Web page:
“HOLD ON TO THE PLANE---WE’RE COMING!”
Kansas City, Sunday, August 8, 1943 --The Kansas City Star
When Two Heroic Women, a Helpless Invalid and Her White-Haired Mother Who Could Not Row, Rescued Two Fliers Whose Craft Had Plunged Into a Nebraska Lake.
By Margaret Hamilton (A Member of the Star’s Staff)
SOUTH BEND, NEB., Aug. 7, 1943---There was a note of desperation in the roar of the small crimson airplane hurtling into the drowsy quiet of sunset at the almost deserted Lake Park, near this hamlet. The slanting sun rays flashed on the brightly-colored craft as it skimmed the treetops in an awkward turn at the south side of the 1 ½-mile lake, headed outward again, ripped two power cables loose and plunged nose downward into eighty feet of water some fifty feet from the north shore.
Almost before the giant splash fell back into the lake, choking cries for help here heard from the two fliers struggling in the churning water near the still visible wing and tail tip. One man could swim just enough to keep up in calm water. The other couldn’t swim at all.
Three hundred yards away, diagonally across the lake, were two women, the only persons who could possibly effect a rescue. Mrs. Bertha Fitch, 65 years old, rushed from the small lakeshore cabin where she had been painting a table. She had heard the ominous roar of the plane overhead, followed by the sputtering when it lunged through the power cables and the crash, seconds later. But most alarming were the cries of her invalid daughter, Miss Ahlene Fitch, 31 years old, whom she had left shortly before laying helpless on her bed in the trailer-cottage a few feet away.
“We Must Help Them.”
Still carrying the paint brush, the white-haired woman halted just outside the screen door, horrified to note that her daughter was standing unsteadily a few feet from the trailer door. She hurried to support her, only to have the young woman plead: “Get me to the boat—we must help them.”
Today the white-haired mother could recall no other words as the tall, thin daughter clung to her and they moved slowly down the sand bank to the water’s edge and their clumsy flat-bottomed rowboat with its prow well upon the beach. She did remember she was barefoot and that when they stopped momentarily to rest, the daughter called out across the lake. “Hold onto the plane—we’re coming!”
Nor does she remember how she got into the boat the young woman who, due to a spinal condition, suffers excruciating pain at any abrupt movement and is unable to sit erect.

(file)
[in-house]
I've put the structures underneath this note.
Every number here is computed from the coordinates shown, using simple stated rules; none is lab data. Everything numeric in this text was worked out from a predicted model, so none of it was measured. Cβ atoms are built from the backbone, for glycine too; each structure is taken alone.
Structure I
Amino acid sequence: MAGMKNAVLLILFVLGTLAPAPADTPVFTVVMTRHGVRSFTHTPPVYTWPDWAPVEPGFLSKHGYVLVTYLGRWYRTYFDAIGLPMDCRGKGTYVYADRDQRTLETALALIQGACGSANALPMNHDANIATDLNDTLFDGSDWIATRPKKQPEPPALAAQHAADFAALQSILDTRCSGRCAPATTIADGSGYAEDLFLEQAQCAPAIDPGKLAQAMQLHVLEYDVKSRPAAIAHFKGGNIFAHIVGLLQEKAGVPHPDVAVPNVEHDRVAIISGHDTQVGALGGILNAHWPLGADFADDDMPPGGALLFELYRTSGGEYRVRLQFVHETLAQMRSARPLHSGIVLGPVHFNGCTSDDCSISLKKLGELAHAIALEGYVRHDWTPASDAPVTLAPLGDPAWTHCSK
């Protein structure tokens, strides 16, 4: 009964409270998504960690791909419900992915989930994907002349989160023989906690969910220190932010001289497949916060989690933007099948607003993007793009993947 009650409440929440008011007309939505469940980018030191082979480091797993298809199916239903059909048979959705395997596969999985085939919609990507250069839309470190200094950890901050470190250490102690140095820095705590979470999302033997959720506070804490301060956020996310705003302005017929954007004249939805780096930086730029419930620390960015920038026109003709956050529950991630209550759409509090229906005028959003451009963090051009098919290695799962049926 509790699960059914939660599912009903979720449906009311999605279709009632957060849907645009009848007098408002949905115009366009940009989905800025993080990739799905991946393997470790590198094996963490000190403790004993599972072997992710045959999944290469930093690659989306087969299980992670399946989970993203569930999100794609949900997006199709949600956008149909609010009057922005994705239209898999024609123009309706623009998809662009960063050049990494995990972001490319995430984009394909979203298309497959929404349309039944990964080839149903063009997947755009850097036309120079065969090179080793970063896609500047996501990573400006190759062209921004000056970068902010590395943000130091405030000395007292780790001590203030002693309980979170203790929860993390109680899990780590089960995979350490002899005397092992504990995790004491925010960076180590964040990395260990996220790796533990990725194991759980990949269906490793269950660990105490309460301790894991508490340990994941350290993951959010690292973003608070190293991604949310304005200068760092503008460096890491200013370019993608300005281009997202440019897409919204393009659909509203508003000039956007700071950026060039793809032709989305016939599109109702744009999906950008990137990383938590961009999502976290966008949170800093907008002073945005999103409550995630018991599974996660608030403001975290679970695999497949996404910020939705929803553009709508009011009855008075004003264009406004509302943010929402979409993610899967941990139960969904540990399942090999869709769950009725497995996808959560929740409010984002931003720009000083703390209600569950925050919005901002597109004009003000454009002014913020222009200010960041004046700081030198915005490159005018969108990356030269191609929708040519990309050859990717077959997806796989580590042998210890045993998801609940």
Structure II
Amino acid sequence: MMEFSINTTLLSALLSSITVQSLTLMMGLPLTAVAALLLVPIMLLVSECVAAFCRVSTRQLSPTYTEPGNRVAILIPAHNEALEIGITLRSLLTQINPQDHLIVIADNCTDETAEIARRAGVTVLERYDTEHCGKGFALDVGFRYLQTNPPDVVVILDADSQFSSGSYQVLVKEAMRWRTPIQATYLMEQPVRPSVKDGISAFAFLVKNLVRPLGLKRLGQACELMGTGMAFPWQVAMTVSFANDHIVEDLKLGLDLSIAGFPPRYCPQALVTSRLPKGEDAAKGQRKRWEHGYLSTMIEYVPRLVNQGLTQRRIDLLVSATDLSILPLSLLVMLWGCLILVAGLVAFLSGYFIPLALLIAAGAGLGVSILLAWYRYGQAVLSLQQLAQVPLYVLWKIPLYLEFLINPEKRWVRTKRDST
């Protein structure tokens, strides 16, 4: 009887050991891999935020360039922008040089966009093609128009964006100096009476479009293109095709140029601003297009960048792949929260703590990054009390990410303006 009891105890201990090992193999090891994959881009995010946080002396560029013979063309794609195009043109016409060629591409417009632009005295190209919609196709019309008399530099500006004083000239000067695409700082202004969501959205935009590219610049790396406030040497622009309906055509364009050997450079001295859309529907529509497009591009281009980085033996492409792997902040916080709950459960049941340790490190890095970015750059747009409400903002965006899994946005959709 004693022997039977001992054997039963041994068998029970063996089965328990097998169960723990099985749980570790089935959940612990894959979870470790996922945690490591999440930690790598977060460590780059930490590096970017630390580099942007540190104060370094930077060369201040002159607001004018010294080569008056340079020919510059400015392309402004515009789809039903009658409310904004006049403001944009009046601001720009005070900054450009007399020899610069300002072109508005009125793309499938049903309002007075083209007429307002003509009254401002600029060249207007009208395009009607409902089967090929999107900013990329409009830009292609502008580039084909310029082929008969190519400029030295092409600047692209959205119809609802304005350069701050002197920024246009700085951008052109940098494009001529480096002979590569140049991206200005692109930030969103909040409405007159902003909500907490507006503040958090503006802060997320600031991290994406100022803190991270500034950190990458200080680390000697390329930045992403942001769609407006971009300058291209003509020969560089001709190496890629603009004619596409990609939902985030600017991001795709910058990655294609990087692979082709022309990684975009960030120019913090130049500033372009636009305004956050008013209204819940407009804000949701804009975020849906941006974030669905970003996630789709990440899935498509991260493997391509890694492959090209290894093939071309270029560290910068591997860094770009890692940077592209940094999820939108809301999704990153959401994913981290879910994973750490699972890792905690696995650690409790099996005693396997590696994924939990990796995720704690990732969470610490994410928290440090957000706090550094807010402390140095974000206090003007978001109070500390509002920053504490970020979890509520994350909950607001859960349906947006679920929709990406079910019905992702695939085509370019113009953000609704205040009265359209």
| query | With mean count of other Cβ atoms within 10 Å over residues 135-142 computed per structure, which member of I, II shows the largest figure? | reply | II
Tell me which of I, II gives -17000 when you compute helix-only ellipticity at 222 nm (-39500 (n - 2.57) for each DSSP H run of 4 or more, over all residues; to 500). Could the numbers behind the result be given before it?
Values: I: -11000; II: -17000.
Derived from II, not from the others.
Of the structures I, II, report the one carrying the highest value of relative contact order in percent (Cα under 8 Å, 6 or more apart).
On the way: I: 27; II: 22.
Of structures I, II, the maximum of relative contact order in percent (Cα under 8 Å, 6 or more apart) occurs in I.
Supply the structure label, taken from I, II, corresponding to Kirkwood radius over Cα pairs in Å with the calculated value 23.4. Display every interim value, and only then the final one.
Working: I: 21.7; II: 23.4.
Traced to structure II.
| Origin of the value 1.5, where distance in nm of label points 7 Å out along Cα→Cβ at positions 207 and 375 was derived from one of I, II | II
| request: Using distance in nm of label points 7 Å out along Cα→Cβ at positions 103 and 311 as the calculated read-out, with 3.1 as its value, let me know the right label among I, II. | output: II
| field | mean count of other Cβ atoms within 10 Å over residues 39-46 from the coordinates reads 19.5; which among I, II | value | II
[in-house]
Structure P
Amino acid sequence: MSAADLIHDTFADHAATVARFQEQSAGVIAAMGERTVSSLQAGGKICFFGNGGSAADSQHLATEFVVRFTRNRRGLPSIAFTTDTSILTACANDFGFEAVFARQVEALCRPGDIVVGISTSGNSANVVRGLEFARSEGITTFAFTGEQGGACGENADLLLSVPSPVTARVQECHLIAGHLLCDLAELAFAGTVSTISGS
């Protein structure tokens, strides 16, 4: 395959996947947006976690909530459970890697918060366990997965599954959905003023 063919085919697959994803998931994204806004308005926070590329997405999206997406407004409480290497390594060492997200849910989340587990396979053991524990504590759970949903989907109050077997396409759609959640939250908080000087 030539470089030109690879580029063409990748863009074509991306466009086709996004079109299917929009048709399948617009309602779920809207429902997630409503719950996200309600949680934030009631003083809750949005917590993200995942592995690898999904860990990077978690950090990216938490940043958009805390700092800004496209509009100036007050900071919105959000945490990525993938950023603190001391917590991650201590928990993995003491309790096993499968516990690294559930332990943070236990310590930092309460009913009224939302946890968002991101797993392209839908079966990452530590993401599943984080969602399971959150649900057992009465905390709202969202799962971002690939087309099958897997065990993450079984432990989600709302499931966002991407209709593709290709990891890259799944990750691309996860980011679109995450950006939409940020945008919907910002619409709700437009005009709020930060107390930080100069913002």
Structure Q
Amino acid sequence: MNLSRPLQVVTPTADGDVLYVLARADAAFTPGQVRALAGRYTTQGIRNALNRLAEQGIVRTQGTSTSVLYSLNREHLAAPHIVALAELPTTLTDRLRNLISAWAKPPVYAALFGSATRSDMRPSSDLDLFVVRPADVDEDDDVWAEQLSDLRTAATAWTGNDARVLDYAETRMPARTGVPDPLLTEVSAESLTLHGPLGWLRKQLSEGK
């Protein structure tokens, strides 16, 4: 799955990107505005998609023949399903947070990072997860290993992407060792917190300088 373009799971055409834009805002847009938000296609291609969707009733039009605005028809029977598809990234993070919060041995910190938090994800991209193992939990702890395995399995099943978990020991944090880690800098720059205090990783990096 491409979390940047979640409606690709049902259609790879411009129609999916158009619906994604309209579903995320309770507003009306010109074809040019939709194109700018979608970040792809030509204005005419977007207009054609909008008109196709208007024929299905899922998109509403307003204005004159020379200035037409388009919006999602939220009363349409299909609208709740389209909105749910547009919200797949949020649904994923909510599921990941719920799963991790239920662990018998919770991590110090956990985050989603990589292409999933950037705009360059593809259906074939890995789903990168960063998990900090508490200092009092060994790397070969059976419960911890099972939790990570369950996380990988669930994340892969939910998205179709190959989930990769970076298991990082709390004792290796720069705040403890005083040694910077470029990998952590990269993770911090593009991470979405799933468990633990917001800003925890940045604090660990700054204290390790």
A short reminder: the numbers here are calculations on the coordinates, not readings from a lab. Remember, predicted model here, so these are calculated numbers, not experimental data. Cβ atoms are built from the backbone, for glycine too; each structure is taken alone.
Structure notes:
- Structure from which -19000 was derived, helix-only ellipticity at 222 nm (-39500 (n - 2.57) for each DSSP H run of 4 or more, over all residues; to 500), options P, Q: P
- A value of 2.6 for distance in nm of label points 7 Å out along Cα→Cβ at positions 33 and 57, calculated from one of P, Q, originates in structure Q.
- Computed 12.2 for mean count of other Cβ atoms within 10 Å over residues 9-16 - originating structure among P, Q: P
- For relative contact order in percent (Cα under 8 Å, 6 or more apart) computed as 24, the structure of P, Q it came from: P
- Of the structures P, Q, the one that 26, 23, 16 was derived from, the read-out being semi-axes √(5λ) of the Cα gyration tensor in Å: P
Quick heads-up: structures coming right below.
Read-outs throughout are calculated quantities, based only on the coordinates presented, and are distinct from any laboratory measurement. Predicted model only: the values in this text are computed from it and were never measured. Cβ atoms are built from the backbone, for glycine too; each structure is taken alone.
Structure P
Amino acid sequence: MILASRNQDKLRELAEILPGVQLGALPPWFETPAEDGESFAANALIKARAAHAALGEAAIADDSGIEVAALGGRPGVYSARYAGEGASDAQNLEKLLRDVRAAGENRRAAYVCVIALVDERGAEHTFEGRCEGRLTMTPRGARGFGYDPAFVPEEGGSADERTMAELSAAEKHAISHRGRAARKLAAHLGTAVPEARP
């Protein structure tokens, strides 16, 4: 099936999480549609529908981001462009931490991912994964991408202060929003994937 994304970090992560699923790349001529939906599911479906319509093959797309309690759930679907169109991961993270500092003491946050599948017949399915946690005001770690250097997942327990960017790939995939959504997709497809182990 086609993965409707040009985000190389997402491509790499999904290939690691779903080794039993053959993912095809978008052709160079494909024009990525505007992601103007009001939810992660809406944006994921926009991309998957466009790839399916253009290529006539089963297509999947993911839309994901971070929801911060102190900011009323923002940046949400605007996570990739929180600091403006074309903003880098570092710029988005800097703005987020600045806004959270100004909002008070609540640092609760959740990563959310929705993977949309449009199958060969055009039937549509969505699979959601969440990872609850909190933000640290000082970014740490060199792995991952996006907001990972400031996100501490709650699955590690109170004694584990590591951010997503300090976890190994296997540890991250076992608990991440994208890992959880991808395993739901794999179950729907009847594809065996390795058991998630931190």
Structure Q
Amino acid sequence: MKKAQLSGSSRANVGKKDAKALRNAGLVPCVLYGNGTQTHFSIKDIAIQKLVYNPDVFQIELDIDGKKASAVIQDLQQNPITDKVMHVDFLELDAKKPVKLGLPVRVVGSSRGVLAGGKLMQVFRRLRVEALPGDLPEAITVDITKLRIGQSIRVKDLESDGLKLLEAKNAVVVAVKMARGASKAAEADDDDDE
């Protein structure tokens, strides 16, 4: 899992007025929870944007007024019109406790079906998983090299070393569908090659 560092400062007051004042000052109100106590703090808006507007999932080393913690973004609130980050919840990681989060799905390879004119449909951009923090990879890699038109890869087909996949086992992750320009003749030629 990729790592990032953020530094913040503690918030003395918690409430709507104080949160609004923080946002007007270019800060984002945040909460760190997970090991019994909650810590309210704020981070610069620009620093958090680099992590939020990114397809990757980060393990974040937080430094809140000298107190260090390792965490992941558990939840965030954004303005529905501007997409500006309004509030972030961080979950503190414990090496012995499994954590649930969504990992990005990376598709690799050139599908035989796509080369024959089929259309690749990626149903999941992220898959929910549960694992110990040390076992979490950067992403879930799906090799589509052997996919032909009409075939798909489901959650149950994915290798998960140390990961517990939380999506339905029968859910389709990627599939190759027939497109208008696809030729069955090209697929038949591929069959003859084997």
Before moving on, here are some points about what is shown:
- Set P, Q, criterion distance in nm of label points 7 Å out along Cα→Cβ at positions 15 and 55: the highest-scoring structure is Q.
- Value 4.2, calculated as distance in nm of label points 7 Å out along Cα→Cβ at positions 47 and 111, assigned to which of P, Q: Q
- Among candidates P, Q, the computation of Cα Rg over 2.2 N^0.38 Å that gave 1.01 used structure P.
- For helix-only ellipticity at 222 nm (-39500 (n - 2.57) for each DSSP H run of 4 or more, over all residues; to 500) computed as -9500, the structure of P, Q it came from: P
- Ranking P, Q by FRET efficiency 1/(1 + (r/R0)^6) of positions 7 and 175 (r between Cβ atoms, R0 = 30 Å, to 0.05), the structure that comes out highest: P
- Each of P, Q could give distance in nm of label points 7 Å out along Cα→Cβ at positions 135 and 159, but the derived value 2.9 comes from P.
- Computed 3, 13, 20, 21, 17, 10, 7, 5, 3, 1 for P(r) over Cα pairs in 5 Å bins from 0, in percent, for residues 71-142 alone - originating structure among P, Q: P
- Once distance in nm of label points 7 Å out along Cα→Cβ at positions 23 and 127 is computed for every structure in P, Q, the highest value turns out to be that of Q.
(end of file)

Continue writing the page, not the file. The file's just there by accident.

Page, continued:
Mother Afraid of the Water.
She could give no word of explanation today when the daughter told how the mother strained to shove the heavy boat into the water, gave it another boost and managed somehow to get in. For Mrs. Fitch cannot swim, is fearful of the water and never had known a moment’s peace on the few occasions she had submitted to brief and always terrifying boat rides.
As for turning the boat and heading it outward, both mother and daughter describe as “a nightmare” the interval when the younger woman, flat on her back in the boat, directed the mother how to row and steer, while the cries of the men increased in desperation.
Lying with her head toward the boat’s prow, Miss Fitch twisted until she could see the two men clinging to the bit of red still above water. She turned to direct her mother again, noted the men suddenly had ceased their calls, and by the time she could get the scene within range of her eyes again, the plane was gone. Flailing arms and splashes indicated the silent struggle of the two fliers resisting the sucking whirlpool where their craft had been.
“For God’s sake hurry. . . he can’t swim . . . I can’t hold out much longer!” the women heard one man call. Only gasps and choking sounds came from the other.
With about 200 yards of the course marked by a zigzag wake behind them, and 100 yards still to go to reach the floundering men, Miss Fitch recalled the almost unbearable tension.
“That is the part that really almost got me down,” she said today, “and it still haunts me. I kept calling to them that we were coming and coaxing and pleading with them just to hold out a few seconds more.
“The one man who could swim a little, we learned later, was trying to support the other man as best he could. And the man who couldn’t swim kept screaming “For God’s sake hurry! Oh, for God’s sake, hurry faster! Then, ‘Oh, God, we can’t hold out—we can’t hold out!—things like that.
Urged Men Not to Give Up.